ETREMA Analyzes Magnetostrictive Materials with Simulation

Caty Fairclough May 24, 2016
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The magnetostrictive effect causes magnetic materials to change their shape when a magnetic field is applied. Materials that exhibit such behavior are used in a range of devices, from loudspeakers to actuators. In order to analyze one type of device, a magnetostrictive transducer, researchers from ETREMA Products, Inc. performed single-physics and multiphysics simulation studies in COMSOL Multiphysics. See how the flexible nature of the software enabled the team to study various aspects of the device and optimize its overall design.

A Short Introduction to Magnetostriction

The magnetostrictive effect is fairly common; in fact, you may have heard this effect in action before. Familiar with the humming sound that comes from a transformer or other high-powered electrical devices? At the root of this magnetic hum is magnetostriction.

To better understand magnetostriction, we can begin by taking a closer look at magnetostrictive materials. When exposed to a magnetic field, the tiny ellipsoidal magnets inside magnetostrictive materials realign themselves, as shown in the animation below. This new order results in a macroscopic strain, causing the solid material to stretch or shrink. As such, magnetostriction can be used to convert magnetic energy into kinetic energy. The opposite effect is also possible, as applying stress to a magnetostrictive material can change the material’s magnetic state.

An animation illustrating magnetostriction.

Using Simulation to Analyze Magnetostrictive Materials

Engineers at ETREMA Products, Inc. have experience working with magnetostrictive materials. Using smart materials with magnetostrictive behavior, they design high-precision devices like sensors, loudspeakers, actuators, and SONAR components. Because smart materials respond to external stimuli in different ways, their design can be based on where they will be used and for what purposes. A magnetostrictive material represents a specific type of smart material, one that responds to a magnetic field by changing its shape.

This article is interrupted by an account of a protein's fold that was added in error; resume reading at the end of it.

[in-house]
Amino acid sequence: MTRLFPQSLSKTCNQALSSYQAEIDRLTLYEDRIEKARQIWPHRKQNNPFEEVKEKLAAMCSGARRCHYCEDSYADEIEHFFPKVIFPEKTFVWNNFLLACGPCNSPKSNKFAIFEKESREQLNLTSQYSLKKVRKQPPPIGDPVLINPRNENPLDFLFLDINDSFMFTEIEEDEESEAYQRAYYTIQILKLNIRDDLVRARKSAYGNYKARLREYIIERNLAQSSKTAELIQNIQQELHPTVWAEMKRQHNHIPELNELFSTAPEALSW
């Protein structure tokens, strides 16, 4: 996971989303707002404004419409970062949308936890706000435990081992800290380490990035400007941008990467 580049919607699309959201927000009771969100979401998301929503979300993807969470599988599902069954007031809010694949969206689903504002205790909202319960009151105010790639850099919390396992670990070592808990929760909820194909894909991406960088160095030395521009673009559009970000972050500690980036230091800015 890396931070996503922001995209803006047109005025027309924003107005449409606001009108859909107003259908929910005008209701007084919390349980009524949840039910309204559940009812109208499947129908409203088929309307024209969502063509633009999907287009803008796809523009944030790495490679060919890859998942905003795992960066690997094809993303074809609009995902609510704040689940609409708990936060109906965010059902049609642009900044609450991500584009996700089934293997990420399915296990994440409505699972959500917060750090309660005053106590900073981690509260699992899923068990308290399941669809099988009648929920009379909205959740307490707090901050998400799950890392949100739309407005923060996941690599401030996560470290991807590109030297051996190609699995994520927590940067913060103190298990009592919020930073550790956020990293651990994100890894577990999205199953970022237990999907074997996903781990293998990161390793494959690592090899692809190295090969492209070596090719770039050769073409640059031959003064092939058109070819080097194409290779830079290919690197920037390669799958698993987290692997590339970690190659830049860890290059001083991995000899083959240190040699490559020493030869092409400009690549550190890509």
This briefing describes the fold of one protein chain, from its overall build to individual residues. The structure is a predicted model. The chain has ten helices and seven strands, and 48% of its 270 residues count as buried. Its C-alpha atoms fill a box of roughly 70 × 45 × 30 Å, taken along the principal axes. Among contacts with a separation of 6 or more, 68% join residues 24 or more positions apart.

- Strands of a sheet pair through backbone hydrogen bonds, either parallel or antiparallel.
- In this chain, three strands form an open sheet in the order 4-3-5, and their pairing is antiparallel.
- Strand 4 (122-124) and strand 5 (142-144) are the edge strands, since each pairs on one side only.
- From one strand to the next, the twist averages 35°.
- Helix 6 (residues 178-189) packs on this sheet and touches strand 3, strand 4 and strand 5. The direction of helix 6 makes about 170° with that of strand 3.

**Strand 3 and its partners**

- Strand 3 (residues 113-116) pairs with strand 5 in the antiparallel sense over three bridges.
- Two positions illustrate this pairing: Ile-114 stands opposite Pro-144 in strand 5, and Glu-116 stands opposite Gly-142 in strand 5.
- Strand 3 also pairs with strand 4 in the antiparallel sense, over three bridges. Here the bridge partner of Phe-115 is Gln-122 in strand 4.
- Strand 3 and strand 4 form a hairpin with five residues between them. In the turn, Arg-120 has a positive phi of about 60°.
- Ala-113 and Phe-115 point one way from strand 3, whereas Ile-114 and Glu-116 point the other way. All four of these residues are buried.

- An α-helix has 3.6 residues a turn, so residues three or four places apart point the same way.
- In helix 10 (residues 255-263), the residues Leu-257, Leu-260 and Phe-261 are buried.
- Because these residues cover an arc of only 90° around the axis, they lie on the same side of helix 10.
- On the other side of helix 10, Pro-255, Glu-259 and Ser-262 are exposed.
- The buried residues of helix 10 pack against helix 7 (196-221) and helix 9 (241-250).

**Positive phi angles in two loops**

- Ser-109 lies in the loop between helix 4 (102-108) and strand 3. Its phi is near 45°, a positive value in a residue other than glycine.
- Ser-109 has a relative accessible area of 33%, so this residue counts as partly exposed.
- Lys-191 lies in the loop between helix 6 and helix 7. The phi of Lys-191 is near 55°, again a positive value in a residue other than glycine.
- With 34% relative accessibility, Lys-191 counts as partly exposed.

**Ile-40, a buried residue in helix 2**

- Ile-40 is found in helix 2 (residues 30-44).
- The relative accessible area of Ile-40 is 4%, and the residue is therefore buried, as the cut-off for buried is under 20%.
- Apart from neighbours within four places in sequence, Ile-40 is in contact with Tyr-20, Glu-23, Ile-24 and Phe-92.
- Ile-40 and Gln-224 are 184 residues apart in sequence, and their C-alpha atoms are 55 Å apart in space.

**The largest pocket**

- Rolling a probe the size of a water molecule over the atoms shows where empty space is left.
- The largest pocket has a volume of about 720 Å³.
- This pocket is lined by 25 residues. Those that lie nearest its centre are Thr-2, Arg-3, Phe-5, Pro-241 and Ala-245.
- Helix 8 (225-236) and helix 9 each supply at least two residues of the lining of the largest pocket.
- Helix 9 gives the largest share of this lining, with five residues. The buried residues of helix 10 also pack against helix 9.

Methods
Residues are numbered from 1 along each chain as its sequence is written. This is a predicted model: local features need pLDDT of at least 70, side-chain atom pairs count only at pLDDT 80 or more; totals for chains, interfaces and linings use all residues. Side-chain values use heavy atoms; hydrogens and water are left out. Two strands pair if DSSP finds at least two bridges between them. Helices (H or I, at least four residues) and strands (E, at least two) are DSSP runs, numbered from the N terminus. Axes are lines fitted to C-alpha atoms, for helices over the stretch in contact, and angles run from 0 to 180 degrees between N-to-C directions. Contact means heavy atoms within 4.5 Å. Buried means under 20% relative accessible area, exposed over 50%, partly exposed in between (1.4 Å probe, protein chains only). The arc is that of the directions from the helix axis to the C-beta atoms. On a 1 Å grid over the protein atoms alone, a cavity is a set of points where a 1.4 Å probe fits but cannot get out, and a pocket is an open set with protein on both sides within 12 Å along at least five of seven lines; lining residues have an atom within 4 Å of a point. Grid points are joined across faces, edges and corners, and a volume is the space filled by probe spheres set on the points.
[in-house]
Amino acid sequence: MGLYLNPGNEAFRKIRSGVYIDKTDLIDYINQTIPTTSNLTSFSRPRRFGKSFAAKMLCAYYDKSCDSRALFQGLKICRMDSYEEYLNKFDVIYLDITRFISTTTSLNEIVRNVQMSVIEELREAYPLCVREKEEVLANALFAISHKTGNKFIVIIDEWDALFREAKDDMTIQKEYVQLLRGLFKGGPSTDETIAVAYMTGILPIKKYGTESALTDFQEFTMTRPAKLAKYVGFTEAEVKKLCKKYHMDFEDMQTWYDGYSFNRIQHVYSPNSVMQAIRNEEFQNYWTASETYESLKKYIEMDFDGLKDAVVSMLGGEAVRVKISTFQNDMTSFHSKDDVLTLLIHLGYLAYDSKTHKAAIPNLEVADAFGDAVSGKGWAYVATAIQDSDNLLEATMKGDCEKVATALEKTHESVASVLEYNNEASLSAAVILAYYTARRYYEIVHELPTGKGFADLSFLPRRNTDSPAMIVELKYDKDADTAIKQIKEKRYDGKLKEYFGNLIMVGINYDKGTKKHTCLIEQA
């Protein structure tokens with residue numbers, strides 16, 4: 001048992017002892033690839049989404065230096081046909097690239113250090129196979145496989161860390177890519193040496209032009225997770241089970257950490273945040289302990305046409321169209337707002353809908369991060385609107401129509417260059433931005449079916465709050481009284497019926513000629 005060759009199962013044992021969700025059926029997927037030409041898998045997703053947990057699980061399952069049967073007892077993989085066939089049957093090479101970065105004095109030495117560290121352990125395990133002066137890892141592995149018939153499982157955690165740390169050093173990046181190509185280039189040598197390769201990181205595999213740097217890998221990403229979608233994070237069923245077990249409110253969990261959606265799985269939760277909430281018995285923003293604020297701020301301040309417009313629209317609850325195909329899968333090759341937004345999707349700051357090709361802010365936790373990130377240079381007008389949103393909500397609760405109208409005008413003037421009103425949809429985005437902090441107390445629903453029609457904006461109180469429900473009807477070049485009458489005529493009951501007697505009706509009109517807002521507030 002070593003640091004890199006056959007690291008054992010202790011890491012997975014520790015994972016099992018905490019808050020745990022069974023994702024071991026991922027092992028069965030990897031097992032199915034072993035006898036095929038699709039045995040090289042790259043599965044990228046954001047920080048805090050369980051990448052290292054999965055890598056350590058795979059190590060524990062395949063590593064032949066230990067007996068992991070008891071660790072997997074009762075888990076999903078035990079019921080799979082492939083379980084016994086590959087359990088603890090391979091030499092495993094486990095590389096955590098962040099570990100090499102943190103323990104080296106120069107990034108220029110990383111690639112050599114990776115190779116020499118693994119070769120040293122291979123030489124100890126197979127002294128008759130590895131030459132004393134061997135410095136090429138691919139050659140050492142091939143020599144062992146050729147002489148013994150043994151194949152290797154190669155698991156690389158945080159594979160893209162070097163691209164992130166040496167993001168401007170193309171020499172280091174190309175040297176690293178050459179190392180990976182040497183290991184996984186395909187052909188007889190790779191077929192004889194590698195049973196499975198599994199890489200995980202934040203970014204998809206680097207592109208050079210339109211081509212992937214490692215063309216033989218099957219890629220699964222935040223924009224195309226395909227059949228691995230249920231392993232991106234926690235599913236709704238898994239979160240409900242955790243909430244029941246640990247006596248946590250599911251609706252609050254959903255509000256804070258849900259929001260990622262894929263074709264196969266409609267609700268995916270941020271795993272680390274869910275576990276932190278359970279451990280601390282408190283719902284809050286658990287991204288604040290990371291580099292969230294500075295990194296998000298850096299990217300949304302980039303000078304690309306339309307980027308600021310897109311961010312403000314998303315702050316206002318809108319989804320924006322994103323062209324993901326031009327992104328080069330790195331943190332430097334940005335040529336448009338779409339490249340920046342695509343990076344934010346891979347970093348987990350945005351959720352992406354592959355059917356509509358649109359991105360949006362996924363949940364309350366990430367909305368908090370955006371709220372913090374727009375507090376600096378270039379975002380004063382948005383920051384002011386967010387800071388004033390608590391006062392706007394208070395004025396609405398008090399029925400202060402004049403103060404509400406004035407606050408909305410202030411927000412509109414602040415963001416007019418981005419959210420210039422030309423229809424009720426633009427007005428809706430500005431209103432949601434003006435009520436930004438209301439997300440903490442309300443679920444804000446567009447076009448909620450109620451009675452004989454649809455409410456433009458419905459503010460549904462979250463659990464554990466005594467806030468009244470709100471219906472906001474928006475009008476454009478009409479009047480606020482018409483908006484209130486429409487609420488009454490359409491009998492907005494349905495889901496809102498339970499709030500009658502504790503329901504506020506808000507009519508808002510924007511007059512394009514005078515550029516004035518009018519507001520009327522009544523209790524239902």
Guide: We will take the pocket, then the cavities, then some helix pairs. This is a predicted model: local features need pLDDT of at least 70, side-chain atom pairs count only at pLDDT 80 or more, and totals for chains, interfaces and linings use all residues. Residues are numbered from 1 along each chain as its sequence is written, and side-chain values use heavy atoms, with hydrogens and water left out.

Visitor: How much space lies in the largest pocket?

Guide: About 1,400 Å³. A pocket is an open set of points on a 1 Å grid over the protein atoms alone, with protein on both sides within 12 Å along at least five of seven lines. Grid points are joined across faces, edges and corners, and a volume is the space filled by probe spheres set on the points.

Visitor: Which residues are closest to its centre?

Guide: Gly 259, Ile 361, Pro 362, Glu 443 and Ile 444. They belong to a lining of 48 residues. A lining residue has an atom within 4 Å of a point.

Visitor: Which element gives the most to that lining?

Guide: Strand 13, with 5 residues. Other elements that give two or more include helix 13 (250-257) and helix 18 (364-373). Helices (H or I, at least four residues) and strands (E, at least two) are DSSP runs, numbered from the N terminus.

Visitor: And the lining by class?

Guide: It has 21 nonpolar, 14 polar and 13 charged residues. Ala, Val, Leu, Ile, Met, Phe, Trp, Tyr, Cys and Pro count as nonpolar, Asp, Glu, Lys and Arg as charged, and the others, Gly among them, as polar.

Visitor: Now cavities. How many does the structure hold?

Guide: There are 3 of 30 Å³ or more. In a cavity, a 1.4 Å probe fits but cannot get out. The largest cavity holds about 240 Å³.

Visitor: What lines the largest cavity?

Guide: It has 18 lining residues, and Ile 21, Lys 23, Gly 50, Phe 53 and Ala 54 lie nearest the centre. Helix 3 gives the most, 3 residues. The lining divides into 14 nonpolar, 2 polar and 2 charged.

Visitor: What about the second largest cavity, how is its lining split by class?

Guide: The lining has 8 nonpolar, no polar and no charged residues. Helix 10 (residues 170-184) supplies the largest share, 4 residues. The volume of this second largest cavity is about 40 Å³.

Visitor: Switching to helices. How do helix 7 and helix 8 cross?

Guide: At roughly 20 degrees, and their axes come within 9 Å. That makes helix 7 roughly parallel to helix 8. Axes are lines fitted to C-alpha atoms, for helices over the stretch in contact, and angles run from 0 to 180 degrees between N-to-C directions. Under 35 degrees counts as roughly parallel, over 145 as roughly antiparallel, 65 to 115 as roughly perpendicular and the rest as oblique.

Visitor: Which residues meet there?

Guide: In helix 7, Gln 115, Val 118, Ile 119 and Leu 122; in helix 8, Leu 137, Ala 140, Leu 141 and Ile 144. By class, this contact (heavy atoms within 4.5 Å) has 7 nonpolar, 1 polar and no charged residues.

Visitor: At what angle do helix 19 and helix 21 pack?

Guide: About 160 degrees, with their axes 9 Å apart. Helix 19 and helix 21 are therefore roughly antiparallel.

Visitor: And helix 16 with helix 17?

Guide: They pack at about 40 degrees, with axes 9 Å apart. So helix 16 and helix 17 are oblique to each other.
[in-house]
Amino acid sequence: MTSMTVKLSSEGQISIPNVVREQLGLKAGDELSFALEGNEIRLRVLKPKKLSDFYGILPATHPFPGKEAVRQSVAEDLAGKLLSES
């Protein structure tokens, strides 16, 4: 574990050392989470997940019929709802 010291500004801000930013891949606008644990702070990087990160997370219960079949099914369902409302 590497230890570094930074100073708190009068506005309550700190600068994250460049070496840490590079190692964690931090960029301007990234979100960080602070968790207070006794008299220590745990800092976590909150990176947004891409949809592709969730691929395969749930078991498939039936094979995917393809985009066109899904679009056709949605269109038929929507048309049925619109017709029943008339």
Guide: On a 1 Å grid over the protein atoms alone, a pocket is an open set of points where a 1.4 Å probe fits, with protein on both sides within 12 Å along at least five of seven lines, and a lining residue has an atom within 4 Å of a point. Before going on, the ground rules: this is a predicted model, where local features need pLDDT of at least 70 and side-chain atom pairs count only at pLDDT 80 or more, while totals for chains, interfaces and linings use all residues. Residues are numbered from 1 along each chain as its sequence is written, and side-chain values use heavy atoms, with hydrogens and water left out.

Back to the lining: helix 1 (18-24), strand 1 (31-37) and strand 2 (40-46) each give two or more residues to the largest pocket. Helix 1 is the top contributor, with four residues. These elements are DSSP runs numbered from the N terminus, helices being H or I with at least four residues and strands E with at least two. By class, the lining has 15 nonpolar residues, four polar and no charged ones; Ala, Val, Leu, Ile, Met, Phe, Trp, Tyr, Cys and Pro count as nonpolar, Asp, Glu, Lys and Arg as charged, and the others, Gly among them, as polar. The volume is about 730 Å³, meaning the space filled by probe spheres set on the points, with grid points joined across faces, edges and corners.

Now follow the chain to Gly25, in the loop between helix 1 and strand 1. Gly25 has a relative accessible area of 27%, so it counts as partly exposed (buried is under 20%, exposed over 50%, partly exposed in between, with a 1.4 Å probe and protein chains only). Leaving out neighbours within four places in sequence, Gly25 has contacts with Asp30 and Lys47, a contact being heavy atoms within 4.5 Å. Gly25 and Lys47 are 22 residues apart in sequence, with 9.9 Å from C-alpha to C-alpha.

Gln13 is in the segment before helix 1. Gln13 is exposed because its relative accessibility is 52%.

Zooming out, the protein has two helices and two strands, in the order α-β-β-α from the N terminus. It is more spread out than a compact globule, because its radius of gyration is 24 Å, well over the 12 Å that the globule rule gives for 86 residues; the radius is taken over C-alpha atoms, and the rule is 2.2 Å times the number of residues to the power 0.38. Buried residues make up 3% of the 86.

A schematic of a magnetostrictive transducer.
A magnetostrictive transducer. Copyright © ETREMA.

Terfenol-D, of which ETREMA is the only commercial manufacturer, is one example of a magnetostrictive material. First developed in the 1970s by the U.S. Navy, Terfenol-D responds to an applied magnetic field with the largest deformation of any alloy. At ETREMA, this material has proven to be a powerful resource in magnetostrictive transducer design. However, due to the nonlinearity of magnetostrictive materials and because they respond mechanically to changes in magnetic fields, designing these devices can be rather challenging. To address such challenges, a team at ETREMA turned to multiphysics simulation, accurately developing models that include several components, custom-defined materials, and multiple types of physics.

The simulation study that they conducted involved two steps. The first step was designed to provide a narrow view that analyzes individual physics. The goal here was to generate a targeted analysis of the design, enabling the engineers to easily evaluate specific physics. The second step was designed to provide an overarching view that analyzes multiple physics. In this case, the team wanted to find out how their design would work in a realistic setting by investigating its overall functionality.

Optimizing a Magnetostrictive Transducer

As an example, let’s take a look at their closely packed SONAR source array design, which features a magnetostrictive transducer at its core. Optimizing this device prompted the need for studying its various material properties, as well as interactions between the electrical, magnetic, and structural physics.

Images depicting different components of a closely packed SONAR array, including the magnetostrictive transducer, the transducer and power electronics, and the full array.
Images showing the components of a closely packed SONAR array. Left: The magnetostrictive transducer. Center: The transducer and power electronics. Right: The full array. Copyright © ETREMA.